American Revolution - Analytical Paper

Topics: Boston Tea Party, American Revolution, Benjamin Franklin Pages: 3 (900 words) Published: July 30, 2011
Analitical Paper – American Revolution

The American Revolution, which is discussed in Chapter four of Crosscurrents in American Culture, was led by several factors, indicated throughout chapter four and described in form of primary sources. Using these primary sources, paraphrasing and summarizing the events I will declare, analyze and interpret why these events lead to the eventual occurrence of the American Revolution and how the Revolution effected the new and existing nations.

Firstly, as stated in “A speech to the Six Confederate Nations (…)”, when the first armed battles in Lexington, Concord took place, delegates were concerned with keeping neutral parties, as the Indians, remaining neutral, as they had been among their confederations dating back to the fifteenth century. They were known for their diplomacy, also being able to live in peace among the French and English and therefore having them continue to stay neutral in the event of the revolution. A diplomatic skill the Iroquois confederation possessed is viewing their relationship with the French on terms of “Uncle”, “Brother” and “Nephew”, instead of the view Father – Child, the French had laid down. (112). Considering the hierarchical view of the Iroquois, it surprising that they didn’t manage to maintain their diplomacy and neutrality. The American Revolution literally forced the confederation of natives to pick sides and join the War, also when this meant, giving up what they have maintained over several centuries, a key point in their diplomacy and turn against their own people, choosing other sides.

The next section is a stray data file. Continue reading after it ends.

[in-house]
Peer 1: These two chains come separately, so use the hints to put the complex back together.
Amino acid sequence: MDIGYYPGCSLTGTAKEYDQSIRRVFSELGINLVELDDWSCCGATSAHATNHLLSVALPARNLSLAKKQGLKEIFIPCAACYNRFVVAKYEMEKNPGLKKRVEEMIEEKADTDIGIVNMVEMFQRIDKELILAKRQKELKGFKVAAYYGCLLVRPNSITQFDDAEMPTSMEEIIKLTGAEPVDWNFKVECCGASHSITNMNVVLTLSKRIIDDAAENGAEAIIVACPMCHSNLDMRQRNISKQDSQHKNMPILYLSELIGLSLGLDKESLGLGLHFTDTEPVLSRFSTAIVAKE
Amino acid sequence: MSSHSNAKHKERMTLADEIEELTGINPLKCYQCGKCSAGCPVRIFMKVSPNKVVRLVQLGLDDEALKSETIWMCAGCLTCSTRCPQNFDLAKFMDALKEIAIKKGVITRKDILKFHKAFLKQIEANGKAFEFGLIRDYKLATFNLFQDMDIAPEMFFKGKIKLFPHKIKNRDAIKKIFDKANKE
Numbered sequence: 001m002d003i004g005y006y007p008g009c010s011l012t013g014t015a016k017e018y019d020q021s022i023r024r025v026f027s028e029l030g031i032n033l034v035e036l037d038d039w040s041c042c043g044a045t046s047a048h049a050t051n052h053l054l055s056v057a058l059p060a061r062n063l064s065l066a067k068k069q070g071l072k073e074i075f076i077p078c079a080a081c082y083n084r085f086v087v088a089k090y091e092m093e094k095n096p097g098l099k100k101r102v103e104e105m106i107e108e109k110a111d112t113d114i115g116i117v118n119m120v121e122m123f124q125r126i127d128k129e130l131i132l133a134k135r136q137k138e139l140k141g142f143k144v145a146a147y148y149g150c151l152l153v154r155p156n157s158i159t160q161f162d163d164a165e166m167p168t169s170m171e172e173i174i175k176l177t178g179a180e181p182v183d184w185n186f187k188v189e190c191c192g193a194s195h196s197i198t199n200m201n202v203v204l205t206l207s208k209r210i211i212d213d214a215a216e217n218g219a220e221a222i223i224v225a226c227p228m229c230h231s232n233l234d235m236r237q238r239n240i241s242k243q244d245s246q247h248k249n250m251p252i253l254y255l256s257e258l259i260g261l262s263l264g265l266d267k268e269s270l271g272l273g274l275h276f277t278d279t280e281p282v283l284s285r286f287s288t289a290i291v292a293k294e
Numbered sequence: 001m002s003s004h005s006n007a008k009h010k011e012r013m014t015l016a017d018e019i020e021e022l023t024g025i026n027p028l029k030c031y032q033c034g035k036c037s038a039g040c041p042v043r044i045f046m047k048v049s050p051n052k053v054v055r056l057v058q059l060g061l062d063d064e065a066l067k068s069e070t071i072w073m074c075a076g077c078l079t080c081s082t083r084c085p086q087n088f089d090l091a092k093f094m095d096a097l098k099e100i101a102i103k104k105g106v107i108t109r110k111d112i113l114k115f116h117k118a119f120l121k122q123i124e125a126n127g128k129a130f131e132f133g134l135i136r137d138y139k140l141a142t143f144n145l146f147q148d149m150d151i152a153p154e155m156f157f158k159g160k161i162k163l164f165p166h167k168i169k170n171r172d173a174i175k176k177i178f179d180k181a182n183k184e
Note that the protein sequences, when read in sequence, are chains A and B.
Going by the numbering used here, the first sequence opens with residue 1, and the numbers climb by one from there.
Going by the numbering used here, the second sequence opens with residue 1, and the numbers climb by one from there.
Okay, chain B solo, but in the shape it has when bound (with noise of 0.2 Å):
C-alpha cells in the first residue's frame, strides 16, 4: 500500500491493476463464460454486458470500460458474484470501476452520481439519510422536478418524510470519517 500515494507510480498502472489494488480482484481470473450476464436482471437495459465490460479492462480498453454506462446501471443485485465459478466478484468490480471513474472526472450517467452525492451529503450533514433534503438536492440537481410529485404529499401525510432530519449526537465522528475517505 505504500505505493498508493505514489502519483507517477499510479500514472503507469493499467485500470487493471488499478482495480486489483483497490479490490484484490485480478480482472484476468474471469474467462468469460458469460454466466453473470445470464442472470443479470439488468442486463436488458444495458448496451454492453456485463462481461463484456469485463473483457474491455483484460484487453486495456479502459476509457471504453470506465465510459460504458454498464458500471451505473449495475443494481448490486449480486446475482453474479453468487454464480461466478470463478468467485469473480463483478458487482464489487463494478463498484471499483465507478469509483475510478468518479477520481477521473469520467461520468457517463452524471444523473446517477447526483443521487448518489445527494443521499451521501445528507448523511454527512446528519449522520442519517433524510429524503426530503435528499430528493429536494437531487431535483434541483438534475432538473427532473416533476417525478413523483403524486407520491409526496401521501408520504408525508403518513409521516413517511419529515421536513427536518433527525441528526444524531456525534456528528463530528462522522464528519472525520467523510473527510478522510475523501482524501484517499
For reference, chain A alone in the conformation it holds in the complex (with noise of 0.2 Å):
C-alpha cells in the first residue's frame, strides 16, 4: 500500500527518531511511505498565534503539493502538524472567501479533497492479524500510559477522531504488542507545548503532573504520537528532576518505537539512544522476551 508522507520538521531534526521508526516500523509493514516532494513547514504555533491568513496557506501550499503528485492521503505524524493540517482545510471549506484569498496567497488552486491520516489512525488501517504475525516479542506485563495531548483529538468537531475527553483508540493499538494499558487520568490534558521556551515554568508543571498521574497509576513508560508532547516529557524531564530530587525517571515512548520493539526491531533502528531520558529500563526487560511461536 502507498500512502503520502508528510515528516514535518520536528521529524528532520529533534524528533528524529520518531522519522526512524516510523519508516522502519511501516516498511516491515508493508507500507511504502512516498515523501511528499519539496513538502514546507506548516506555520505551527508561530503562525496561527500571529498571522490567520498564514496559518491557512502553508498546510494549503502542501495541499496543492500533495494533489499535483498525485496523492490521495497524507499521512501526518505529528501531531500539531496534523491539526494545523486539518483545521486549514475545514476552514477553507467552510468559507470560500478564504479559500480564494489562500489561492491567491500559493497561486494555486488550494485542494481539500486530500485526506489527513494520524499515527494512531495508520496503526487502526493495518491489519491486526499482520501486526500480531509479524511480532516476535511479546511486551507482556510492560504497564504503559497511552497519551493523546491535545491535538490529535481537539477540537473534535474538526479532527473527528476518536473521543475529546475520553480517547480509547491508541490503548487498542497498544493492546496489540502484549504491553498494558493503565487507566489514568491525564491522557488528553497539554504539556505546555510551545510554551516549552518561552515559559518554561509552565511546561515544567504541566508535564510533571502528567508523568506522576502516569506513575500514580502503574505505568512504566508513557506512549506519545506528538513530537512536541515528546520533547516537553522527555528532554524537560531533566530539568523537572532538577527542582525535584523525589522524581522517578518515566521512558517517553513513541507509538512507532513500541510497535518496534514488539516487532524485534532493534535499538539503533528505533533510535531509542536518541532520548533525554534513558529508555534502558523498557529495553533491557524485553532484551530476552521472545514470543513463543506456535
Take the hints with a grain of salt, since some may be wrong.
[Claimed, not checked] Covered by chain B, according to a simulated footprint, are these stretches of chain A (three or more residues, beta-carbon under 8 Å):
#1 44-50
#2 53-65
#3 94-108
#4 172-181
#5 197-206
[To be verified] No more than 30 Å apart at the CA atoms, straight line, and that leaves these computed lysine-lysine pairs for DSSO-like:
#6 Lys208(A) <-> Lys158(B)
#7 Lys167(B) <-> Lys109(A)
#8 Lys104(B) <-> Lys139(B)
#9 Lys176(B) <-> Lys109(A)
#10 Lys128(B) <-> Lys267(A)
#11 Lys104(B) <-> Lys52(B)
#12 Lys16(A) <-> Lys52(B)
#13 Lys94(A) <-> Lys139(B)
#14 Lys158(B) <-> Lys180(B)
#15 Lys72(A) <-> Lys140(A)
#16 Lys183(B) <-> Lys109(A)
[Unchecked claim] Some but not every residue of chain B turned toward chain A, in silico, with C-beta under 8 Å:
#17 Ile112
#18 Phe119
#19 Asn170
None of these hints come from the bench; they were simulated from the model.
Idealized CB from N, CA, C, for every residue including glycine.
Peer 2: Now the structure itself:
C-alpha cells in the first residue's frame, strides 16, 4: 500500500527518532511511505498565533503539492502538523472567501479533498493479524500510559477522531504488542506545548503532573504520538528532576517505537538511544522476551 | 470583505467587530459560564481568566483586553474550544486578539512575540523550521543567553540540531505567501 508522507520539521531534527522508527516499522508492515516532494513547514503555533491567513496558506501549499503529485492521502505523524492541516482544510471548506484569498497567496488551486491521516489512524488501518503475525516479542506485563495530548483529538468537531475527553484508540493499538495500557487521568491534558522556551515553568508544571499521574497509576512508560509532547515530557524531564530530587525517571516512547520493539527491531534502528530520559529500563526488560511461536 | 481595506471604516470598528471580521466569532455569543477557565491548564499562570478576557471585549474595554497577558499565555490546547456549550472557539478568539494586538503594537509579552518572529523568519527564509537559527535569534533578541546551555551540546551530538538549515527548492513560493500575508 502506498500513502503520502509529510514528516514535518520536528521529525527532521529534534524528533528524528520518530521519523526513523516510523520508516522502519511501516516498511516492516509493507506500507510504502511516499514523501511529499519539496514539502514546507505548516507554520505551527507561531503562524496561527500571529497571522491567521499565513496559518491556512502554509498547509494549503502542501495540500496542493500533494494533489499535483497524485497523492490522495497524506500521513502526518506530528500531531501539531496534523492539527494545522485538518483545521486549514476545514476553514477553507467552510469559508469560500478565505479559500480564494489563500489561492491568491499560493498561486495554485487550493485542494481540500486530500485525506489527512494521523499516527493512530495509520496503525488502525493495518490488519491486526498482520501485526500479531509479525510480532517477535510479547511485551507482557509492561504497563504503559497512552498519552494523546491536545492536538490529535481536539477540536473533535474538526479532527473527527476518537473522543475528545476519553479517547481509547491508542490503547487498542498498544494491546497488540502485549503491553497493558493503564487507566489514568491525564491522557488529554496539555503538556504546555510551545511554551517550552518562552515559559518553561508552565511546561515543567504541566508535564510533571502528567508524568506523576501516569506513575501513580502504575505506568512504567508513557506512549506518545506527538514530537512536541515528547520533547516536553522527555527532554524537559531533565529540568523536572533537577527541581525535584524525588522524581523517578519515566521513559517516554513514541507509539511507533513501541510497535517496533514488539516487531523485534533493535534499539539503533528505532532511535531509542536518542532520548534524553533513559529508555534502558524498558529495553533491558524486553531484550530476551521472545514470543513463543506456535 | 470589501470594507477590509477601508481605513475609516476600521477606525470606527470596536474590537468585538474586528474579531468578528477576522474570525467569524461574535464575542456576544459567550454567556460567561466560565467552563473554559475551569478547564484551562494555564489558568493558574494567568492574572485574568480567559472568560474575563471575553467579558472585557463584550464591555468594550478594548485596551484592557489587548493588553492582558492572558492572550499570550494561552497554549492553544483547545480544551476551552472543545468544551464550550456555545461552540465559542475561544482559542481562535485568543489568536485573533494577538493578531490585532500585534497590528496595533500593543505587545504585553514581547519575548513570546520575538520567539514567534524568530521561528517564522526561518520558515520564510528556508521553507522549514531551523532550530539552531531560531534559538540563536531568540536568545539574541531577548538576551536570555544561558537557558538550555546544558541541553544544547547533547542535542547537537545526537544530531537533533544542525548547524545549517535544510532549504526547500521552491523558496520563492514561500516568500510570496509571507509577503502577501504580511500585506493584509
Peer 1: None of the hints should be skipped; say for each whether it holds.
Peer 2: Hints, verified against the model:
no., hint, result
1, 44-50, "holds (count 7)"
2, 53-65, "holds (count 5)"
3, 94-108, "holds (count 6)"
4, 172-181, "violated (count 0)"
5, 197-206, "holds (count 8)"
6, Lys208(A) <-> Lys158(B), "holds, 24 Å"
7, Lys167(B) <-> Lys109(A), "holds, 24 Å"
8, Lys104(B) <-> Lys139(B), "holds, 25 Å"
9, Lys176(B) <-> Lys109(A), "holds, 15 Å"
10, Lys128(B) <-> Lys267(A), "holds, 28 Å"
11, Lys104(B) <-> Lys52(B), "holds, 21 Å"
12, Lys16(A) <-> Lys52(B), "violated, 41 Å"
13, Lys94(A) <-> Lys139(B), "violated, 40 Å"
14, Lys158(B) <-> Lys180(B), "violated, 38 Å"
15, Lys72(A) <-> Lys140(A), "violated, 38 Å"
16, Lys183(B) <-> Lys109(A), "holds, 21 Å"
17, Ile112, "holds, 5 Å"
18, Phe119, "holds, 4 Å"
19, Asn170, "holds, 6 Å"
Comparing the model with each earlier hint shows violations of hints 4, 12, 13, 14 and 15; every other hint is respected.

Furthermore, at present time a common approach to transmit the new ideas and news was through novels, newspapers, cartoons and similar (109). A pamphlet published in January 1776, titled “Common Sense”, written by Thomas Pain, who had barely lived in America for little more than a year, captured ingeniously the spirit of the growing discontent among colonists, towards the British monarchy and...
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